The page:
· Consider age and/or the milieu of the aged brain and the influence of the systemic immune response (and systemic inflammation) as a parameter in neurodegenerative disease studies.
· Determine whether senescent cells accumulate in the CNS with age or disease status, which cell types undergo senescence and the contribution of senescent cells to neuroinflammation and neurodegeneration.
· Characterize microglia with age to assess whether microglia are harmful or beneficial in times of brain stress, injury and inflammation in the context of aging.
· Determine whether peripheral monocyte lineage cells are recruited into the aging CNS, and if so, where they home and what activities they mediate.
· Determine the interplay between microglia and monocytes and whether their complementary interactions change in the aging brain milieu.
· Characterize changes in the blood brain barrier (BBB) with age. How the BBB is maintained (including the roles of pericytes, astrocytes, and endothelial cells) and whether a leaky BBB contributes to neuroinflammation.
· Characterize the exposome (including proteomic and metabolic changes) of CSF in normal aging and neurodegeneration.
Session IV: Immunosenescence, Inflammation, and Age-Associated Disease
Janet McElhaney(Advanced Medical Research Institute of Canada), session Chair, opened the session with an overview of the effects of acute respiratory illness triggered by influenza, cytomegalovirus (CMV/ HHV-5) infection status, and chronic disease on inflammation and frailty. Although influenza is the single most vaccine preventable disease and vaccination programs are cost effective, influenza and complications of influenza infection remain a serious issue for the elderly, resulting in hospitalization in many cases. This is a serious issue since one in three older adults admitted to an acute care hospital for any reason are discharged at a higher level of disability than they had prior to their hospital stay. The increased susceptibility of the elderly to influenza infection and illness can be attributed to alterations in immune function that decrease vaccine efficacy and increase the risk of influenza infection. For example, numerous studies have shown defects in both adaptive and innate immunity in older individuals. In addition, older individuals who are sero-positive for CMV compared to CMV-negative elderly, exhibit poor antibody responses to influenza vaccination and an accumulation of terminally differentiated CD8+ T cells (largely driven by the response to persistent CMV infection); these CD8+ T cells express granzyme B, which has toxic effects when non-specifically released into the extracellular space in response to an inflammatory stimulus. High baseline levels of granzyme B in CMV-positive individuals are associated with a poor granzyme B response to influenza challenge, and may negatively impact on protection against serious influenza illness and the response to influenza vaccination when compared to CMV-negative elderly. An increase in granzyme B expression in influenza-specific T cells in response to influenza challenge in older individuals has been correlated with improved immunity to influenza. Further studies are needed to show the direct effect of CMV serologic status on influenza outcomes in this population. In contrast, increased granzyme B production in CMV-positive individuals occurs in the resting state, may be derived from both immune (e.g., chronically stimulated CMV-specific T cells) and non-immune cells (e.g., chondrocytes, keratinocytes), and contributes to increased inflammation and tissue destruction in response to injury. For example, release of granzyme B into the extracellular space cleaves Decorin, a cellular/pericellular matrix proteoglycan component of connective tissue, appears to participate in collagen disorganization, fibrosis, and tissue damage, which may lead to such conditions as increased frailty, skin tears, and aneurysms.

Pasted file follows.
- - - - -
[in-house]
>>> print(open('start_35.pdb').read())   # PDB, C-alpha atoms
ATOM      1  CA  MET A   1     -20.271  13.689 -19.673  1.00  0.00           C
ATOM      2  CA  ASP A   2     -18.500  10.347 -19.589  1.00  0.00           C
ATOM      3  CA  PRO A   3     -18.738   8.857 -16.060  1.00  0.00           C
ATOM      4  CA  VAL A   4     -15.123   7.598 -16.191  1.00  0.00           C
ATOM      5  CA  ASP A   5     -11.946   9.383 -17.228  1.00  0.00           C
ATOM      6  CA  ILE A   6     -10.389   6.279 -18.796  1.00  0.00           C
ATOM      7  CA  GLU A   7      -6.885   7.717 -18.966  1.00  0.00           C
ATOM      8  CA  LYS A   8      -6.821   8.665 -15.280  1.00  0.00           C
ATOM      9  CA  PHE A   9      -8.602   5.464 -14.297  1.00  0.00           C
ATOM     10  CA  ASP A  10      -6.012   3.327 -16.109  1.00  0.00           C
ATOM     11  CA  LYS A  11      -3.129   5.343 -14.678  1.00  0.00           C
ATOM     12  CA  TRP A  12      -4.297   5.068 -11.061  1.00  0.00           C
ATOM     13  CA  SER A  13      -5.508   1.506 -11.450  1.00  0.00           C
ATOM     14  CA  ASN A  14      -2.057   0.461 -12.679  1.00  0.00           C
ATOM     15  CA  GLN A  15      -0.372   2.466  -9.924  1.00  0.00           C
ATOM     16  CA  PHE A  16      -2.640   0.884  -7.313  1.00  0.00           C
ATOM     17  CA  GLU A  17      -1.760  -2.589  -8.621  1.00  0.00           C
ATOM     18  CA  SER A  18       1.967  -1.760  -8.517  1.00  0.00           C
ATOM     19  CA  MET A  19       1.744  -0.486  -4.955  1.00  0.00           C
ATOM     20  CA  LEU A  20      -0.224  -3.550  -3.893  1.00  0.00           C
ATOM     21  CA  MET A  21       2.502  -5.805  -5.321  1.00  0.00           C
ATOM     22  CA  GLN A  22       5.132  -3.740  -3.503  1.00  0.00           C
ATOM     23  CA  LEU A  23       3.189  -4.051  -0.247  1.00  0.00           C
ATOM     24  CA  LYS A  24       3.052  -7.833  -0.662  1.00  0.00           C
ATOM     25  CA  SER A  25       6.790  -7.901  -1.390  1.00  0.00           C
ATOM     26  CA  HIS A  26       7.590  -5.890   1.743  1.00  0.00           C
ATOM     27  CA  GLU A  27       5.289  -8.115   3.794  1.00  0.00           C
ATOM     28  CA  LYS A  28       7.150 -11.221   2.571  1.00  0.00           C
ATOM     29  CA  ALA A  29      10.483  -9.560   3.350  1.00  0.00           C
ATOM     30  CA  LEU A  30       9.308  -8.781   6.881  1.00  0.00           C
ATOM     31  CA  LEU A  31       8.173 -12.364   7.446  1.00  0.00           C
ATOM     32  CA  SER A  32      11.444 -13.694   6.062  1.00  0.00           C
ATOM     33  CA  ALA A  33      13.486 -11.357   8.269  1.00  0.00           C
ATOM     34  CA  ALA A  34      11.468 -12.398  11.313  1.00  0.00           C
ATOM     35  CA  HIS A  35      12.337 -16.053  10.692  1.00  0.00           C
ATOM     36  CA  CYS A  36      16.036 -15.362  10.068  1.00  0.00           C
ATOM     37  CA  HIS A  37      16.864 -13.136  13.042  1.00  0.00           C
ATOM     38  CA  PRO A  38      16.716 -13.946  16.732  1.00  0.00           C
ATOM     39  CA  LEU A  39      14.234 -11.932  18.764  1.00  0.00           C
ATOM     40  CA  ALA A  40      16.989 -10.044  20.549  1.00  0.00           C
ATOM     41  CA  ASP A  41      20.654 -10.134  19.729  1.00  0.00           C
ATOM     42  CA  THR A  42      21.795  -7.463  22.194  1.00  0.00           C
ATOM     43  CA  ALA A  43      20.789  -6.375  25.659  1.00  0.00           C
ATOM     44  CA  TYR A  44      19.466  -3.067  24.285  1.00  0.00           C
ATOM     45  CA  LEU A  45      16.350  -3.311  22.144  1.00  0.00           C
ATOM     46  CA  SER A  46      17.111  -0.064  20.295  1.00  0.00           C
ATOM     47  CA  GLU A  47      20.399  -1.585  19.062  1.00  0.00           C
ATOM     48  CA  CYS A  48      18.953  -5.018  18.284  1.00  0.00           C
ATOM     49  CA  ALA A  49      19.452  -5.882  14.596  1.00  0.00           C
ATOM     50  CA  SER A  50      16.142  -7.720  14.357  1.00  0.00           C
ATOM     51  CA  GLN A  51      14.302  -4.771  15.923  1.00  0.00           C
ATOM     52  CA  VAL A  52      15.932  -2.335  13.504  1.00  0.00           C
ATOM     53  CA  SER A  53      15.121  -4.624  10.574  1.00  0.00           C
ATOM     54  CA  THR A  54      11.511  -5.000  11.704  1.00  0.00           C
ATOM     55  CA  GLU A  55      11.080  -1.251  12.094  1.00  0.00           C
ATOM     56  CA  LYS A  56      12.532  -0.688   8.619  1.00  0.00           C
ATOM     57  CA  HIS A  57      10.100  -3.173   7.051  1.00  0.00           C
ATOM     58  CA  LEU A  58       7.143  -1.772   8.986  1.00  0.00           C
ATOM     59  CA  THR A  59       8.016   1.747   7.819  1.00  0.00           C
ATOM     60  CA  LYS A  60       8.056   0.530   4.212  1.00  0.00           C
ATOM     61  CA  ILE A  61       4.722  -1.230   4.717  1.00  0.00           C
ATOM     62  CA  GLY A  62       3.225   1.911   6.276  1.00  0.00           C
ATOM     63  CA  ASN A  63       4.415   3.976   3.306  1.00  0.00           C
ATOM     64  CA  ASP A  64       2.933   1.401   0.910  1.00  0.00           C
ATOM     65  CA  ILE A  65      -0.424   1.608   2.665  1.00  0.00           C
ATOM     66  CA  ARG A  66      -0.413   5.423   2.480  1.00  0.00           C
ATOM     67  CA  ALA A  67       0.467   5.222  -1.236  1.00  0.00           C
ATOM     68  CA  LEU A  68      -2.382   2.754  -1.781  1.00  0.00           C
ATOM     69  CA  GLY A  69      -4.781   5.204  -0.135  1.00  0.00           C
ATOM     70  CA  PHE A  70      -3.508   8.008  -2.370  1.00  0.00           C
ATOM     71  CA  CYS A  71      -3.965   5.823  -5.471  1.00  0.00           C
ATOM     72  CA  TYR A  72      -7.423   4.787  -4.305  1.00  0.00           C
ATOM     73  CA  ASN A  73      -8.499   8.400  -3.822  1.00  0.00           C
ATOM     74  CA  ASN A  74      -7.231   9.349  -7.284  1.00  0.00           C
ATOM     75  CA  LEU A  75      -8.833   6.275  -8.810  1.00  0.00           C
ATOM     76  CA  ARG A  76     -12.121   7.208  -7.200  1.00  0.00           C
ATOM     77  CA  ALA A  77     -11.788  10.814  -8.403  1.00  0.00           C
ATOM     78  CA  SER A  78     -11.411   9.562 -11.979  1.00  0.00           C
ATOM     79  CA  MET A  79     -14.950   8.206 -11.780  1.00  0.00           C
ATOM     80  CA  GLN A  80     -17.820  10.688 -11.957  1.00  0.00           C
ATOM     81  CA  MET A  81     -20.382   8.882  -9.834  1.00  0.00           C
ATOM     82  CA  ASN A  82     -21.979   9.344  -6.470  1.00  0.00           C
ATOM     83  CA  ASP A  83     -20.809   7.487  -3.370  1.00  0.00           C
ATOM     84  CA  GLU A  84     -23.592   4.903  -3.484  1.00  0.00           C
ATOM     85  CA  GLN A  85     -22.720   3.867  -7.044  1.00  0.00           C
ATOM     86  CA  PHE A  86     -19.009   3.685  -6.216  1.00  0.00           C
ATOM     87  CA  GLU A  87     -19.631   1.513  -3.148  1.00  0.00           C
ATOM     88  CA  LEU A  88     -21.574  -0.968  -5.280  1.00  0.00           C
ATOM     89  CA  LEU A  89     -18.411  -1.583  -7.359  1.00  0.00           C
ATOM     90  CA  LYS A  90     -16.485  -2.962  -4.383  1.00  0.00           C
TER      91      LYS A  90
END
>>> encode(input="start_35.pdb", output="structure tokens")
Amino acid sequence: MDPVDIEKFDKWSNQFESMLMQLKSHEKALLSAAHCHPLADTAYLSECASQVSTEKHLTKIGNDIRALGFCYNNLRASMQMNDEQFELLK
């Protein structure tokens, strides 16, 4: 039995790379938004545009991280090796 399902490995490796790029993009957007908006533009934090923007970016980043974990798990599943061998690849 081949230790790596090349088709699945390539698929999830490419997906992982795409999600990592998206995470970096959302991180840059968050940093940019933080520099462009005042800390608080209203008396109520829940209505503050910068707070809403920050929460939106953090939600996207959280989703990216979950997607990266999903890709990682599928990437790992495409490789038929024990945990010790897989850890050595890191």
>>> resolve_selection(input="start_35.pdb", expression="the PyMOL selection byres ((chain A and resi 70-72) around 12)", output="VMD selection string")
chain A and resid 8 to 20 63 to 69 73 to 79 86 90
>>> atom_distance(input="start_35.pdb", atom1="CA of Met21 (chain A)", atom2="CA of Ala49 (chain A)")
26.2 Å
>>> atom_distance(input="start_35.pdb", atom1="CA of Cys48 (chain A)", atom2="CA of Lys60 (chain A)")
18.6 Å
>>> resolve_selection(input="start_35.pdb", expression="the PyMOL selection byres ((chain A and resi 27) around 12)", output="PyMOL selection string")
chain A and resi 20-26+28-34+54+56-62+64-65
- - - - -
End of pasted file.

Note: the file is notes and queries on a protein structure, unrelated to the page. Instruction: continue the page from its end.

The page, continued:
Rita Effros (UCLA) noted that the changes seen in the immune system of elderly individuals are comparable to those observed in younger HIV-infected individuals. For example, telomere length in both memory and naïve CD8+ T cell populations from HIV-infected individuals is comparable to the telomere lengths of similar cell subsets from individuals who are decades older. Moreover, persons with shortened leukocyte telomeres at age 60 have an eight-fold greater risk of subsequently dying from infection as compared to those with longer telomeres at age 60; and telomerase appears to be turned off in chronically stimulated T cells. In addition, chronically activated T cells contribute to the pro-inflammatory milieu in both elderly and HIV-infected young populations, and an abundance of "senescent" T cells correlates with multiple deleterious outcomes in both populations. For example, senescent CD8+ T cells, which exhibit increased expression of p16 and p21, also secrete factors such as TNF-alpha, Interleukin-6, and RANKL which are known to stimulate bone-resorbing osteoclasts, and may thereby contribute to increased bone loss in HIV-infected and elderly individuals. Obesity also contributes to bone loss; splenic T cells from obese mice exhibit increased expression of TNF-alpha, Interleukin-6, and Interleukin-1 beta, and bone marrow from these mice have increased proportions of activated memory T cells. Adipose-resident T cells from elderly mice exhibit similar cytokine production patterns, which contribute to the pro-inflammatory milieu and the development/progression of bone loss, cancer, and other chronic conditions of aging.